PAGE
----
Notes and Editorial Reviews
Video format: 16:9 Anamorphic
Sound: 5.0 DTS Surround with PCM Stereo
Optional subtitles: English, French, German, Spanish, Italian, Dutch
Messiaen's breathtakingly intense opera on the life of St Francis of Assisi stars Rod Gilfry as the charismatic visionary, beguiled by the glory of creation, yet fearful of both its imperfections and its transience. Pierre Audi's thoroughly engaging production for The Netherlands Opera brings out the naive imagery, the grandeur, and above all the vast tenderness of the resplendent score, revealed as a grandiose ritual with the meaning and purpose of life as its central theme. But the real drama of the work takes place in the orchestra. Elevated to
stupendous heights by the sublimely inspired Ingo Metzmacher, The Hague Philharmonic and the Chorus of De Nederlandse Opera combine forces with a brilliant cast to produce the finest possible musical pilgrimage.
"The orchestra, drilled to absolute perfection, played as if their lives depended on it, while the choral singing was superb in its intensity. The cast tellingly emphasized the physicality as well as the spirituality of Messiaen's vision. Heartthrob baritone Rod Gilfry played Francis as a charismatic visionary beguiled by the glory of creation, yet fearful of both its imperfections and its transience...A stupendous evening, and one of the great operatic achievements of recent years."
Saint François d'Assise is unique among operas. Decidedly anti-dramatic (there is little or no action), it fulfills Messiaen's aim to present the journey of St. Francis' soul toward grace. St Francis advises another monk, Brother Leon; he meets a leper, kisses and cures him; he encounters an angel; he preaches to the birds; he prays for and receives the Stigmata; he dies. The tempo, save for a few moments, remains stubbornly moderate; if you do not give in to this fact and wish for something else, you're lost.
The orchestral palette, however, takes the breath away, with close to 120 players, consisting of strings galore, huge wind and brass sections, and percussion (including woodblocks, drums, triangles, bells, xylophones, vibraphones, and the weird swooping sound of the electronic ondes martenot that always surprises). These sounds evoke birds, forest, ecstasy, the agony of the stigmata. Textures are always rich and fascinating and occasionally puzzling; by contrast, each word of the sung text is crystal clear.
For all its noise and strangeness, this is an opera that can make the listener feel that he's eavesdropping on someone's personal religious crisis, and I bet that's just what the composer wanted. Be wary of approaching it and be warned that given its introspective nature it sometimes can leave the listener very much alone. As a theatrical experience it does not engage: it's too slow and too internal. You may love it, you will admire it, but you won't listen to it a great deal.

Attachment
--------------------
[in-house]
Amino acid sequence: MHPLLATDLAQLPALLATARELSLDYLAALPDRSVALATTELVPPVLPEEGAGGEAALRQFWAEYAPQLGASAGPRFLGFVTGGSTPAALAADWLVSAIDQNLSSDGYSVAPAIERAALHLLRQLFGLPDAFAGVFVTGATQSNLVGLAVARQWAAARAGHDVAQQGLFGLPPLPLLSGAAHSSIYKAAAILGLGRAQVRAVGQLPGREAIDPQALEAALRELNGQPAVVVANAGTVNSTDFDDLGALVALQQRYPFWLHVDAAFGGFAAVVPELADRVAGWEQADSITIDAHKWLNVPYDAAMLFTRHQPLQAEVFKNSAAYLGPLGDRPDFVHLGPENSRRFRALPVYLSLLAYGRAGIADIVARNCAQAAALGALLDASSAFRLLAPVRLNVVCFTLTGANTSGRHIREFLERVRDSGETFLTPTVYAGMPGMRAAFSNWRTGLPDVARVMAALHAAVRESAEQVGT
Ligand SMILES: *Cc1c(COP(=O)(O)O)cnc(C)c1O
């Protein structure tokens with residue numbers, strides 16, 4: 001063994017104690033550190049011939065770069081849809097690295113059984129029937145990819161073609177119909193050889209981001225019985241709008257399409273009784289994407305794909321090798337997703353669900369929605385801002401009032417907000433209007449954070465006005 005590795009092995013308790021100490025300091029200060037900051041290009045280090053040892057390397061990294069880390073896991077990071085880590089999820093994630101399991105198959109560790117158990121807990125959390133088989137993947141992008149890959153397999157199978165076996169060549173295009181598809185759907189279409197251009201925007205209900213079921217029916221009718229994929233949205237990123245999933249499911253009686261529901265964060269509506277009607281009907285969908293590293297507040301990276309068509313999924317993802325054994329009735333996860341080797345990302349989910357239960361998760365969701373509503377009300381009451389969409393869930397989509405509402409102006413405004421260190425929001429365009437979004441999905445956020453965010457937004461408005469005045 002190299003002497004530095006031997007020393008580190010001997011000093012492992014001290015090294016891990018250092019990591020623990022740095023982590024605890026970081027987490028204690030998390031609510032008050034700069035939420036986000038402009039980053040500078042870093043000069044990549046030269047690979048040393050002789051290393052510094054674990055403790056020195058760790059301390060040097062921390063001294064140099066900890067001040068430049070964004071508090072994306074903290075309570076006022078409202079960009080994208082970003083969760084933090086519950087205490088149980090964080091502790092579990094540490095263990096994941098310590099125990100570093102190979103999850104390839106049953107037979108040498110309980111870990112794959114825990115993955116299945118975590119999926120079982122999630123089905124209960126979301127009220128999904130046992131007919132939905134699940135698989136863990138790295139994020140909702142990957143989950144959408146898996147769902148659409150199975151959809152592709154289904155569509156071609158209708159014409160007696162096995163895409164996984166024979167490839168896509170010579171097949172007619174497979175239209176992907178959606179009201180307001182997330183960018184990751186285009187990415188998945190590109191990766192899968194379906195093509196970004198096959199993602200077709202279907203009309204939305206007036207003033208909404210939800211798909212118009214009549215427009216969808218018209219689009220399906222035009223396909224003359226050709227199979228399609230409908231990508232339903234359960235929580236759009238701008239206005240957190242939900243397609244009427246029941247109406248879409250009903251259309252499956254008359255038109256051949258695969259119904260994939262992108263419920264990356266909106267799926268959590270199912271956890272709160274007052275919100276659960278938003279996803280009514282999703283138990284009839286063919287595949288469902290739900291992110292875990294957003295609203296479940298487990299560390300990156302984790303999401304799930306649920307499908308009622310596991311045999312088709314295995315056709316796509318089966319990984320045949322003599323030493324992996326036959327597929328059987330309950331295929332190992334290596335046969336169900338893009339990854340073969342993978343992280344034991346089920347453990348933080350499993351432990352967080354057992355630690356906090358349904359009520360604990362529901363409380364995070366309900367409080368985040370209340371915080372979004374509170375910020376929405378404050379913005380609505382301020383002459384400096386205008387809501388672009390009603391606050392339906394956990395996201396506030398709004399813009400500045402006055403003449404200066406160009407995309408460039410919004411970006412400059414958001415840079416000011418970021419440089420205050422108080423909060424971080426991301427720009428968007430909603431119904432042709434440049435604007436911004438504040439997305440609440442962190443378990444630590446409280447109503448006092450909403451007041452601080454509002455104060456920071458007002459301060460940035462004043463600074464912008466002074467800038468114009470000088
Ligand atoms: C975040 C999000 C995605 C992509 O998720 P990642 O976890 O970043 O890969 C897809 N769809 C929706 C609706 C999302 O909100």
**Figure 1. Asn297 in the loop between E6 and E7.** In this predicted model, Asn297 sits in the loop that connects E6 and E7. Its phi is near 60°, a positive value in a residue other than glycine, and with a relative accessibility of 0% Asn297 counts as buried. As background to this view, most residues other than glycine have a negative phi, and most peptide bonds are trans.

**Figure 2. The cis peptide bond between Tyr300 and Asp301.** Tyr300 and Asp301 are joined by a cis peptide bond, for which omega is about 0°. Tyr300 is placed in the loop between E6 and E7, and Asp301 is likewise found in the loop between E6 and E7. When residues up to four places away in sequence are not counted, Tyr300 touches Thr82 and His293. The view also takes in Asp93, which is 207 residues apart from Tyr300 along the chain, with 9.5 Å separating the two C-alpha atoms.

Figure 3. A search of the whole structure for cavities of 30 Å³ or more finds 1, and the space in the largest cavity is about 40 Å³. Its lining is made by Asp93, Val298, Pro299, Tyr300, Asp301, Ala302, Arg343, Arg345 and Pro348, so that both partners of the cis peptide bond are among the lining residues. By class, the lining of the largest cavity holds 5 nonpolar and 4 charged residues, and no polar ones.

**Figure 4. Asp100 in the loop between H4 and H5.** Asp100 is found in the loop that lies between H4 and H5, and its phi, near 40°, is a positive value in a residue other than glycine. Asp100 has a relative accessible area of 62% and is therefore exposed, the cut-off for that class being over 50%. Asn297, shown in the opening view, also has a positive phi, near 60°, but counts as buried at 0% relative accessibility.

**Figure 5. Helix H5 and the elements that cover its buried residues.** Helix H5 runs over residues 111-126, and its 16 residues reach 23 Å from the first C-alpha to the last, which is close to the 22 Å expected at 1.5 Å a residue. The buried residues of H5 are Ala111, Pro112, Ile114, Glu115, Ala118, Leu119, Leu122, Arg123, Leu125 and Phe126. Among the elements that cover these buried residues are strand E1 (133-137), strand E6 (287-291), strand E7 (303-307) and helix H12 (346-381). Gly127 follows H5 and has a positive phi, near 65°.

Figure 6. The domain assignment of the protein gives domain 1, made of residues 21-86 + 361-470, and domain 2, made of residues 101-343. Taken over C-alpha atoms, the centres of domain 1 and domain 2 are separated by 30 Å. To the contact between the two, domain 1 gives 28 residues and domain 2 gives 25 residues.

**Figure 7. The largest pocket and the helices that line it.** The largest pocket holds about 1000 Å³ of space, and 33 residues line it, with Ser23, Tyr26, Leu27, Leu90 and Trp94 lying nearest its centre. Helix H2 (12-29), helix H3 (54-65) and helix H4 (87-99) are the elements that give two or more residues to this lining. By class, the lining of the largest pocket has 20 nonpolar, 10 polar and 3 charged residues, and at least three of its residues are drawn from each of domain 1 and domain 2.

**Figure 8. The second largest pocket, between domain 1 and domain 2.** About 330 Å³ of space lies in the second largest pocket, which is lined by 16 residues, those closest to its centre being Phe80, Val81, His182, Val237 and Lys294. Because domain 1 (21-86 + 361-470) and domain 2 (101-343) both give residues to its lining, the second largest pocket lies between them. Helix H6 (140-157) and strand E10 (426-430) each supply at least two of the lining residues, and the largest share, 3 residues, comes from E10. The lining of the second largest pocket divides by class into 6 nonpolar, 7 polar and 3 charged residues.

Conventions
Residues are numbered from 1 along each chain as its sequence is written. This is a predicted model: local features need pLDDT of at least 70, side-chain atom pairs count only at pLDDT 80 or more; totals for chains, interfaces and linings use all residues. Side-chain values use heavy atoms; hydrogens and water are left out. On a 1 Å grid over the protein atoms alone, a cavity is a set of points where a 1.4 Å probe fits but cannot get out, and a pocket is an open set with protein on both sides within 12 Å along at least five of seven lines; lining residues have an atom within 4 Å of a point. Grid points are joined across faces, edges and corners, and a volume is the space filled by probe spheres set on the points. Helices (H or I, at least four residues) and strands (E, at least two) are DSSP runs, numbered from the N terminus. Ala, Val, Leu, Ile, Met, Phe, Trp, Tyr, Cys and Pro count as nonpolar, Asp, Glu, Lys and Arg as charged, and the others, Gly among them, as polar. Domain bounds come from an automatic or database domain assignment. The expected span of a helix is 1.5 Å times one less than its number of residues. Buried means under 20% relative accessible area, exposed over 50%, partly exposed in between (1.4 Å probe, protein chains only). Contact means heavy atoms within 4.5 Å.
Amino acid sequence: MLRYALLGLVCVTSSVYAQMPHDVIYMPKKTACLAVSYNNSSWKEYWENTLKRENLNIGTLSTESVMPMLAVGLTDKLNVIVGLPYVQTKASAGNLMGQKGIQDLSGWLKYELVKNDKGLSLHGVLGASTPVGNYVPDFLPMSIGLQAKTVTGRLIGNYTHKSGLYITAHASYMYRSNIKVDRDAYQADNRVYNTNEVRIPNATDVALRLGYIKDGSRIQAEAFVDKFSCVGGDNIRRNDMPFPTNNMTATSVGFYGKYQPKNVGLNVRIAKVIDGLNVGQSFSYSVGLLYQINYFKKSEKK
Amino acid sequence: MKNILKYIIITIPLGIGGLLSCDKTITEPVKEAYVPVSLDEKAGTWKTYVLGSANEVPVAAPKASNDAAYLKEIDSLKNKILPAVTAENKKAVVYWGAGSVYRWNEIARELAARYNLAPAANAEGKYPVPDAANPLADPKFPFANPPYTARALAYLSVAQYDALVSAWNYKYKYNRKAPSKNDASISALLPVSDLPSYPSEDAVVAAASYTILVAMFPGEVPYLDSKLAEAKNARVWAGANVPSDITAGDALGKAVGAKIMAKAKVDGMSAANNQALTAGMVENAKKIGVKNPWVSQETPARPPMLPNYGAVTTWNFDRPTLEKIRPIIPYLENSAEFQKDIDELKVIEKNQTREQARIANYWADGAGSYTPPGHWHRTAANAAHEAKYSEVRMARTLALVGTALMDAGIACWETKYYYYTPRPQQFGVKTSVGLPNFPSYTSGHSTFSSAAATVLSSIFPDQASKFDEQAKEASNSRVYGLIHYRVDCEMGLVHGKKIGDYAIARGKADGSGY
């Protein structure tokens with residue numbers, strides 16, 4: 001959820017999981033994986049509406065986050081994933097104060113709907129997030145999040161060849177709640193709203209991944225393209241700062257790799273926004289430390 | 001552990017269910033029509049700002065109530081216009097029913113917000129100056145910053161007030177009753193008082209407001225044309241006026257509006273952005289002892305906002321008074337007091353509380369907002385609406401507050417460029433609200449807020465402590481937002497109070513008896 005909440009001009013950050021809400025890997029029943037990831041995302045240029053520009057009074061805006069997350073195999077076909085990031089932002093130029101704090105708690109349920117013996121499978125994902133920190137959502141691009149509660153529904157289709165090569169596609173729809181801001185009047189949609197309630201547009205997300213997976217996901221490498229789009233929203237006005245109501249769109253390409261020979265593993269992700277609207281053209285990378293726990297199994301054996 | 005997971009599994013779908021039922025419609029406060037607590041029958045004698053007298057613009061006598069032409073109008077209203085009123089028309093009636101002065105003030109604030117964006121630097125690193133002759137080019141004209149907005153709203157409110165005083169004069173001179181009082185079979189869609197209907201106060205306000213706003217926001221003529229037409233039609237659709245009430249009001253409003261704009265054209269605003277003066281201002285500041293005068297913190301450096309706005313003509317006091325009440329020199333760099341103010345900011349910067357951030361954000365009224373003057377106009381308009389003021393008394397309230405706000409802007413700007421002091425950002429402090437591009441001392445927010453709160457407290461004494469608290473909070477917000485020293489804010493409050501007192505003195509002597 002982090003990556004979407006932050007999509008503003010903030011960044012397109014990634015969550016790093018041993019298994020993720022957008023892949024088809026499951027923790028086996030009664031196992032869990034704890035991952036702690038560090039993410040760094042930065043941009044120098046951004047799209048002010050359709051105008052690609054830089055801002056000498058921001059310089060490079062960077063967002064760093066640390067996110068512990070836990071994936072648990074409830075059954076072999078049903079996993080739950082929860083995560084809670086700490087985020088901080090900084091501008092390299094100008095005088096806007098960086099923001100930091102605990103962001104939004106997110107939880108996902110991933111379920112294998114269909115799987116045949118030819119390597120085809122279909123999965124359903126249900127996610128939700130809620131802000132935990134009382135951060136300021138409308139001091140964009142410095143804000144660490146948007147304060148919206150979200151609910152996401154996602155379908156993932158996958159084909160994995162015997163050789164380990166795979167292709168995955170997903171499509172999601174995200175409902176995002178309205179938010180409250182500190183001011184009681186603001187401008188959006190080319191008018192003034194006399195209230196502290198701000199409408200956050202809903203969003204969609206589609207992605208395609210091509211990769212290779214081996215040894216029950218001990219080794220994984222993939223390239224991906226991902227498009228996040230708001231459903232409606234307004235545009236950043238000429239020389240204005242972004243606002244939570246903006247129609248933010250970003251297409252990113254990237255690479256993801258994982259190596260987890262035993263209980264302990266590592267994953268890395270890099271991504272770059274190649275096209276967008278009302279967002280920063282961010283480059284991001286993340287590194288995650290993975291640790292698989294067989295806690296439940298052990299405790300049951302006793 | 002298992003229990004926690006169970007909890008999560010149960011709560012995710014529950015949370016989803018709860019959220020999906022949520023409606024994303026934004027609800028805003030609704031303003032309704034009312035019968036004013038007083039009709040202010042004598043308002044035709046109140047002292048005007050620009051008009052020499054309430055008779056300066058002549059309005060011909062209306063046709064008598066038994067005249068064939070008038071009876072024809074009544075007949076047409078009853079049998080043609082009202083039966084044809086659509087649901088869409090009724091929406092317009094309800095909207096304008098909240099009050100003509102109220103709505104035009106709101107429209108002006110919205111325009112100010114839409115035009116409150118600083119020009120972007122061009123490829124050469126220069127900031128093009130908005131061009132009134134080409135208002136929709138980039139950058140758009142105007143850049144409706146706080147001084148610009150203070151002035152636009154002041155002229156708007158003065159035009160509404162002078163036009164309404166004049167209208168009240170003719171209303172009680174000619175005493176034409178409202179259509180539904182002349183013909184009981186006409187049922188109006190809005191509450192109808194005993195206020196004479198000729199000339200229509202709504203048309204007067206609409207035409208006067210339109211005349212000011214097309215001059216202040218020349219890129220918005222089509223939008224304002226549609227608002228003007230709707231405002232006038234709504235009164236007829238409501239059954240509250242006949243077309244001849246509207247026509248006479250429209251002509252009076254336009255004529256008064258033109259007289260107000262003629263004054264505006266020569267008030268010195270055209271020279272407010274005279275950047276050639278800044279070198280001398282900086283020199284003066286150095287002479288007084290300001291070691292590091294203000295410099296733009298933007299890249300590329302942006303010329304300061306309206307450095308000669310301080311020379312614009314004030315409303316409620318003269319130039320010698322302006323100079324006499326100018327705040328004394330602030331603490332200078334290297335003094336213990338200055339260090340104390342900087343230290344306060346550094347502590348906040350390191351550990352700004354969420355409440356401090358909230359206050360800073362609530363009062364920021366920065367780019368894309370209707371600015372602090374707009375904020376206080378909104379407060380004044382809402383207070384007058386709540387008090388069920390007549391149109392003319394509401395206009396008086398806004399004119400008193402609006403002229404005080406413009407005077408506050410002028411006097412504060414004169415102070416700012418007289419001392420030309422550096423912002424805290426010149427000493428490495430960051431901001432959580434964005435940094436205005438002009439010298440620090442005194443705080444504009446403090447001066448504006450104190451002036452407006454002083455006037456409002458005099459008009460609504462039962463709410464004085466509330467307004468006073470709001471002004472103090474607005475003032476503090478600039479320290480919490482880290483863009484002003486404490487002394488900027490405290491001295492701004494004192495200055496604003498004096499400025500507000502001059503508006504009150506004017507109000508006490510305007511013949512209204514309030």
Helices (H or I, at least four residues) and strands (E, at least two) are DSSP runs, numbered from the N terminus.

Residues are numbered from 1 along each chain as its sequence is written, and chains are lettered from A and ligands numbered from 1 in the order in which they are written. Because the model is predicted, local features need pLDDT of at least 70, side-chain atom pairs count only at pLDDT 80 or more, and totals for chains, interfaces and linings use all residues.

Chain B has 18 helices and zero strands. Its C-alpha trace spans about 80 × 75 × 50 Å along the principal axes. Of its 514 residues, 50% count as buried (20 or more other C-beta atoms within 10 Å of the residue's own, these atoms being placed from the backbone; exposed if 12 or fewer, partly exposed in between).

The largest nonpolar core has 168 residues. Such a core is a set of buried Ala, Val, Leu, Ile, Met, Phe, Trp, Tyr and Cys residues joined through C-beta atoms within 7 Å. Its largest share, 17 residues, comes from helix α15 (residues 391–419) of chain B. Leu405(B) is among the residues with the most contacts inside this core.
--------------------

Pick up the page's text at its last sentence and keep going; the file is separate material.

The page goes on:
I doubt that this Netherlands Opera production, directed by Pierre Audi, will be bettered. The orchestra is on stage, behind a pile of large, iron crosses; there's little to get in the way of the music's pageantry. It's almost a naïve approach and it works. Children sit around as Francis preaches to the birds, quietly. There's little lurching; movements are slow and natural. The moments of stasis seem correctly frozen in time and space. Fussing any further could ruin the peculiar balance; Audi knows when to back off, avoiding too much theatricality even in the grand moments. Jean Kalman's sets and lighting could not be more effective, the jagged crosses at once symbols of torture and blessedness, and TV director Misjel Vermeiren brings us very close to the Saint.
And his cast is superb. In the stunning audio-only recording under Kent Nagano (on DG--type Q618 in Search Reviews), the title role is sung with great austerity and beauty by José van Dam (he also sang it earlier for Seiji Ozawa); on this DVD, Rod Gilfry actually outperforms him. Playing a man who embraces nature, birds, and God with great passion translates subtly into physicality in this case. Gilfry is a good-looking guy with an innate sensuality: this humanness makes the piety tangible. He sings exquisitely and moves with great reserve and dignity. St Francis is on stage for most of the four-plus hours and Gilfry's appeal and concentration never flag.
The leper, as portrayed by Hubert Delamboye in an absurd black and yellow rubbery costume (better, I guess, than scabs and bumps and missing digits), is a tortured soul brought to peace by Francis; Hank Neven sings the uncertain Brother Leon with modesty. Audi presents the Angel simply--no fantastic flying around--and Camilla Tilling sings the role with utter simplicity and an aural peacefulness. Conductor Ingo Metzmacher knows that the story is in the instruments, and his superb orchestra can't be praised highly enough. The chorus also is spectacular.
Sound (5.0 DTS Surround/PCM Stereo) and picture (16:9) are ideal. Bonuses include synopsis and cast gallery, "The Children", "The Message", and "A Chamber Piece...Really", and are variably entertaining and important. Subtitles are in all major European languages and Dutch. This work never will be a repertory staple; it's an event. Messiaen fans will know that this DVD is more a necessity than a luxury; others will find plenty to fascinate them if they give it the requisite time, space, and concentration.
--Robert Levine, ClassicsToday.com
Works on This Recording
Saint François d'Assise by Olivier Messiaen
Armand Arapian (Tenor),
Henk Neven (Baritone),
Tom Randle (Tenor),
Rodney Gilfry (Bass Baritone),
Hubert Delamboye (Tenor),
Camilla Tilling (Soprano),
Donald Kaasch (Tenor)
Netherlands Opera Chorus,
Hague Philharmonic Orchestra
Period: 20th Century
Written: 1983; France
Date of Recording: May/June, 2008
Venue: Het Musiektheater
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